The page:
CPR

  • Saving Lives

    Everyone needs to know CPR. Take a CPR Class.

    Be prepared to give CPR too:

  • Do as I say AND as I do.

    CPR Instructor saves a life.

    An instructor teaching a class on CPR ended up saving the life of a man who went into cardiac arrest outside of her classroom.

    The man, who was shoveling snow outside of the American Red Cross building in Rochester (Minnesota, not Mew York, FYI) recently, came inside to take a break, FOX 9 says.

     CPR instructor and  student save real man's life during classroom session

    That’s when he started having a heart attack, ABC 6 reports. Jennifer Brandt, an instructor with Twin Cities Safety, put her skills to use – she had her students call 911 and she began CPR.

    Learn CPR - Schedule at class at your location! Learn CPR - Schedule at class at your location!

    “Everything went from there and I did what I’ve been teaching people for several years,” Brandt told ABC 6. “It gave the students a real live look into what a scene actually looks like and what needs to be done in order to give somebody that chance of life.”

    "If there is not someone there to help when somebody goes into cardiac arrest, that person will die,” Smith said.

    The response time was approximately 30 seconds. And in this case, those seconds mattered.American-Red-Cross-Emergency-Kits

  • Challenge to control your blood pressure!

    Of course High Blood Pressure is one of the leading causes of Cardiovascular Disease and Strokes. but you CAN control it!

    Million Hearts launches annual blood pressure control challenge

    The U.S. Department of Health and Human Services today launched an annual challenge designed to identify and honor clinicians and health care teams that have helped their patients control high blood pressure and prevent heart attacks and strokes.Million-Hearts

     

    The Million Hearts Hypertension Control Challenge recognizes exemplary public and private practices and providers that achieve sustained hypertension control rates of 70 percent or above. The challenge was developed by the Centers for Disease Control and Prevention in support of Million Hearts, an HHS initiative aimed at preventing 1 million heart attacks and strokes by 2017.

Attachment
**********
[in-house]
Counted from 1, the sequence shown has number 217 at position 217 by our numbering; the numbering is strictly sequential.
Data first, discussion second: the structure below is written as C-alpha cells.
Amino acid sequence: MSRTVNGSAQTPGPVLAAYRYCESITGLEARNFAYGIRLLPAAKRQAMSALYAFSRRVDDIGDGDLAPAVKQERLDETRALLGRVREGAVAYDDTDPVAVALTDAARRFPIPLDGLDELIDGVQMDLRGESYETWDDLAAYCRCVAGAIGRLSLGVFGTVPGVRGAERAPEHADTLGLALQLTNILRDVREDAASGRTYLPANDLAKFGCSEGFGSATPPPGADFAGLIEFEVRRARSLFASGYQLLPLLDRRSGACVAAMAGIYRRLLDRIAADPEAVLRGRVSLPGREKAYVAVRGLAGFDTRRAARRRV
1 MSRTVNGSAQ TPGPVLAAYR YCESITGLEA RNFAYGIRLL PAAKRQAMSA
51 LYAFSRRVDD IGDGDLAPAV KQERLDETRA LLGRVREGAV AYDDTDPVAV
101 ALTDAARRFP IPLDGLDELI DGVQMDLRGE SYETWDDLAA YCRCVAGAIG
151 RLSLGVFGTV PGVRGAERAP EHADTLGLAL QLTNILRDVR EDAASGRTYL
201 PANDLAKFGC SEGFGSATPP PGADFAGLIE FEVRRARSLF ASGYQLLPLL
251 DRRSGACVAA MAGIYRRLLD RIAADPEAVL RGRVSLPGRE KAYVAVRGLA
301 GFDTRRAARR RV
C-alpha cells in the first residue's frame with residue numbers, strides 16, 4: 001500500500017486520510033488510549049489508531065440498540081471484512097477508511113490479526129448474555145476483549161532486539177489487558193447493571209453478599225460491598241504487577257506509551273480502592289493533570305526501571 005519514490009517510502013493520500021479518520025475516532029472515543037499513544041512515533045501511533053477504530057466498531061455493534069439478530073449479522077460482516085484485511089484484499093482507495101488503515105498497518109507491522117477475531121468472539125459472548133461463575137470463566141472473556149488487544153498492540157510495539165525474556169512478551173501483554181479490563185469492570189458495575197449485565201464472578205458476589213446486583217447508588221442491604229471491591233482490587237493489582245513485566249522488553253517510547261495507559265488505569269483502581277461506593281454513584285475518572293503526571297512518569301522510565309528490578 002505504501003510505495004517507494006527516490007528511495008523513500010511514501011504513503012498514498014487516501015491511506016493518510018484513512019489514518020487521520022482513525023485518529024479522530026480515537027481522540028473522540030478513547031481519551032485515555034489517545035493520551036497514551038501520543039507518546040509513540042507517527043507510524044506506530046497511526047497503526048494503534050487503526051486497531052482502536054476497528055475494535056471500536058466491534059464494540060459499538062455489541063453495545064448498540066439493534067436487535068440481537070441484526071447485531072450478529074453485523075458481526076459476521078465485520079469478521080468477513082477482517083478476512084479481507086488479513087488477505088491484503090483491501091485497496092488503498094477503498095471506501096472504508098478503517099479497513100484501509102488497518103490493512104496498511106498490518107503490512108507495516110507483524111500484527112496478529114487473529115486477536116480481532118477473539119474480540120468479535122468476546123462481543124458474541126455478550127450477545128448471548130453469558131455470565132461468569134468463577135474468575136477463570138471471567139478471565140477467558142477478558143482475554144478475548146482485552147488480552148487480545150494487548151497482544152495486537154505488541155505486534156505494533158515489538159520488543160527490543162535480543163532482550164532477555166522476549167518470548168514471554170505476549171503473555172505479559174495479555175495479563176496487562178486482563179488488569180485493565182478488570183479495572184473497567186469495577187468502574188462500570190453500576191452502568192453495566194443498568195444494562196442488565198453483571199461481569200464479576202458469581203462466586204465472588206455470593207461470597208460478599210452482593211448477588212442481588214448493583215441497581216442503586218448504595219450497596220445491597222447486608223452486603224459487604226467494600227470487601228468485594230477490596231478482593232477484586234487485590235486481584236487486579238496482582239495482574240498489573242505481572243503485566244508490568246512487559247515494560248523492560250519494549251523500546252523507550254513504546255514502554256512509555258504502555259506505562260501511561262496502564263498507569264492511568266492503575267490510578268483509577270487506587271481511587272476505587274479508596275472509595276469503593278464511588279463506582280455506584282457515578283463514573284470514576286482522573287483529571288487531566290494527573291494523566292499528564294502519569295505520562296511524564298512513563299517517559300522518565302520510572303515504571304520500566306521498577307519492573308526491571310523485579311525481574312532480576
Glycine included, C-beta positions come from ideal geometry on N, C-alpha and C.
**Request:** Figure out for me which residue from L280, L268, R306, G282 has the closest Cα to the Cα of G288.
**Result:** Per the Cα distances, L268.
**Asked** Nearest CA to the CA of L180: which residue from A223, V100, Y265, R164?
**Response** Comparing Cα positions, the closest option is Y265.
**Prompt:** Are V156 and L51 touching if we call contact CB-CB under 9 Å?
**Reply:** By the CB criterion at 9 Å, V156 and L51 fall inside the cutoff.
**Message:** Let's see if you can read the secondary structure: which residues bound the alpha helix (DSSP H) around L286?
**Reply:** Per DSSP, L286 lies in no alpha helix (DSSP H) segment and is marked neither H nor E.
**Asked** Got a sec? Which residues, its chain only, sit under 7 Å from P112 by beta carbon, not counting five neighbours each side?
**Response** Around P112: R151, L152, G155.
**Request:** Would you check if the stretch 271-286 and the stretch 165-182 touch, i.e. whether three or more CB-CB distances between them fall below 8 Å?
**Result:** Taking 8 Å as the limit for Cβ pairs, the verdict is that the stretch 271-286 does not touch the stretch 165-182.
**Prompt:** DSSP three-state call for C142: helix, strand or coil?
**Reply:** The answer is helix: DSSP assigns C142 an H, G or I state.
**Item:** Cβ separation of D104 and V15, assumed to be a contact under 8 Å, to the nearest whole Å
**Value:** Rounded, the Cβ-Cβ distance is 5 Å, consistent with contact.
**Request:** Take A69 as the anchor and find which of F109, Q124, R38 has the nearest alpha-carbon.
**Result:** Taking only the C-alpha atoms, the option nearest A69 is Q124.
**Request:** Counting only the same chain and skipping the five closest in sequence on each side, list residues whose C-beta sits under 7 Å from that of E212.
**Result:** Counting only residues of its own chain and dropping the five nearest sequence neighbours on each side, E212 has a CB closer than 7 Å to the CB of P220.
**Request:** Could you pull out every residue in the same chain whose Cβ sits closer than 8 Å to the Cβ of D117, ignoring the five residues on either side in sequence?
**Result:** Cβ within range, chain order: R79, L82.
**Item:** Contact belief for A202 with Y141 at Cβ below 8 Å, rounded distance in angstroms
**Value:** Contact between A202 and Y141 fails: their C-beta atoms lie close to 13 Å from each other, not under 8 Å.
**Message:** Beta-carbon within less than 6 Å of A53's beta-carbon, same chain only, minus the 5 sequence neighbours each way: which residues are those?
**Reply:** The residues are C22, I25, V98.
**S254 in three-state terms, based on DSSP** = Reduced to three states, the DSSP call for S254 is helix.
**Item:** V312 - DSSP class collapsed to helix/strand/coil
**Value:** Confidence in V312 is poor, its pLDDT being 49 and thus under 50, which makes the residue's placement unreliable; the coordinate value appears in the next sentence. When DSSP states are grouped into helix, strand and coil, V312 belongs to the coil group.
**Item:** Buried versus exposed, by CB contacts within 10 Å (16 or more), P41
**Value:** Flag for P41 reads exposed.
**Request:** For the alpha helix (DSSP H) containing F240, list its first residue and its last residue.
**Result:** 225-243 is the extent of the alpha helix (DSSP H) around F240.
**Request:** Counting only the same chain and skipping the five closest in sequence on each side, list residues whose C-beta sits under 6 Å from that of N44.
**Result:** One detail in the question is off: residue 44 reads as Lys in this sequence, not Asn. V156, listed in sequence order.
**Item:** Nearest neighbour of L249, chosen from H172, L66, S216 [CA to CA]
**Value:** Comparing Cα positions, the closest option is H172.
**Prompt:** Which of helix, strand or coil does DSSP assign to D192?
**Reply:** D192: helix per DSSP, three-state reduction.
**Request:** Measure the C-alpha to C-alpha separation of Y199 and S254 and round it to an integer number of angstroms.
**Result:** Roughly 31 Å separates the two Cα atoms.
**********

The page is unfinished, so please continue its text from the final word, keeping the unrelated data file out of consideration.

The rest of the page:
"Many heart attacks and strokes -- and needless early deaths -- can be prevented if we get better control of high blood pressure,” said CDC Director Tom Frieden, M.D., M.P.H. “We applaud the many medical practices which have made hypertension control a daily priority with all of their patients. We look forward to recognizing their achievements and learning from top performing practices.”

     

    Nearly one in three U.S. adults – or about 70 million people – has high blood pressure. Of that group, only about half has it under control. High blood pressure is a major risk factor for heart disease and stroke, two of the leading causes of death nationwide. In 2013, high blood pressure was a primary or contributing cause of death for more than 360,000 Americans – that is nearly 1,000 deaths each day.

     

    Blood pressure management, a key strategy to prevent cardiovascular disease, is strongly emphasized by Million Hearts. Since 2012, Million Hearts has recognized 41 Champions that care for 12 million patients from small and large, urban and rural, and private, federal, and tribal health practices and systems. Past winners have used a variety of evidence-based strategies including hypertension treatment protocols, self-measured blood pressure monitoring, health information technology, and team-based care.

     

    “A growing number of public and private practices and systems are using evidence-based strategies to detect, connect and control high blood pressure,” said Janet S. Wright, M.D., F.A.C.C., executive director of Million Hearts. “This challenge is a way to find and celebrate these high performers and help others replicate their success. By excelling in hypertension control, Champions are helping prevent events and improving heart health across the country.”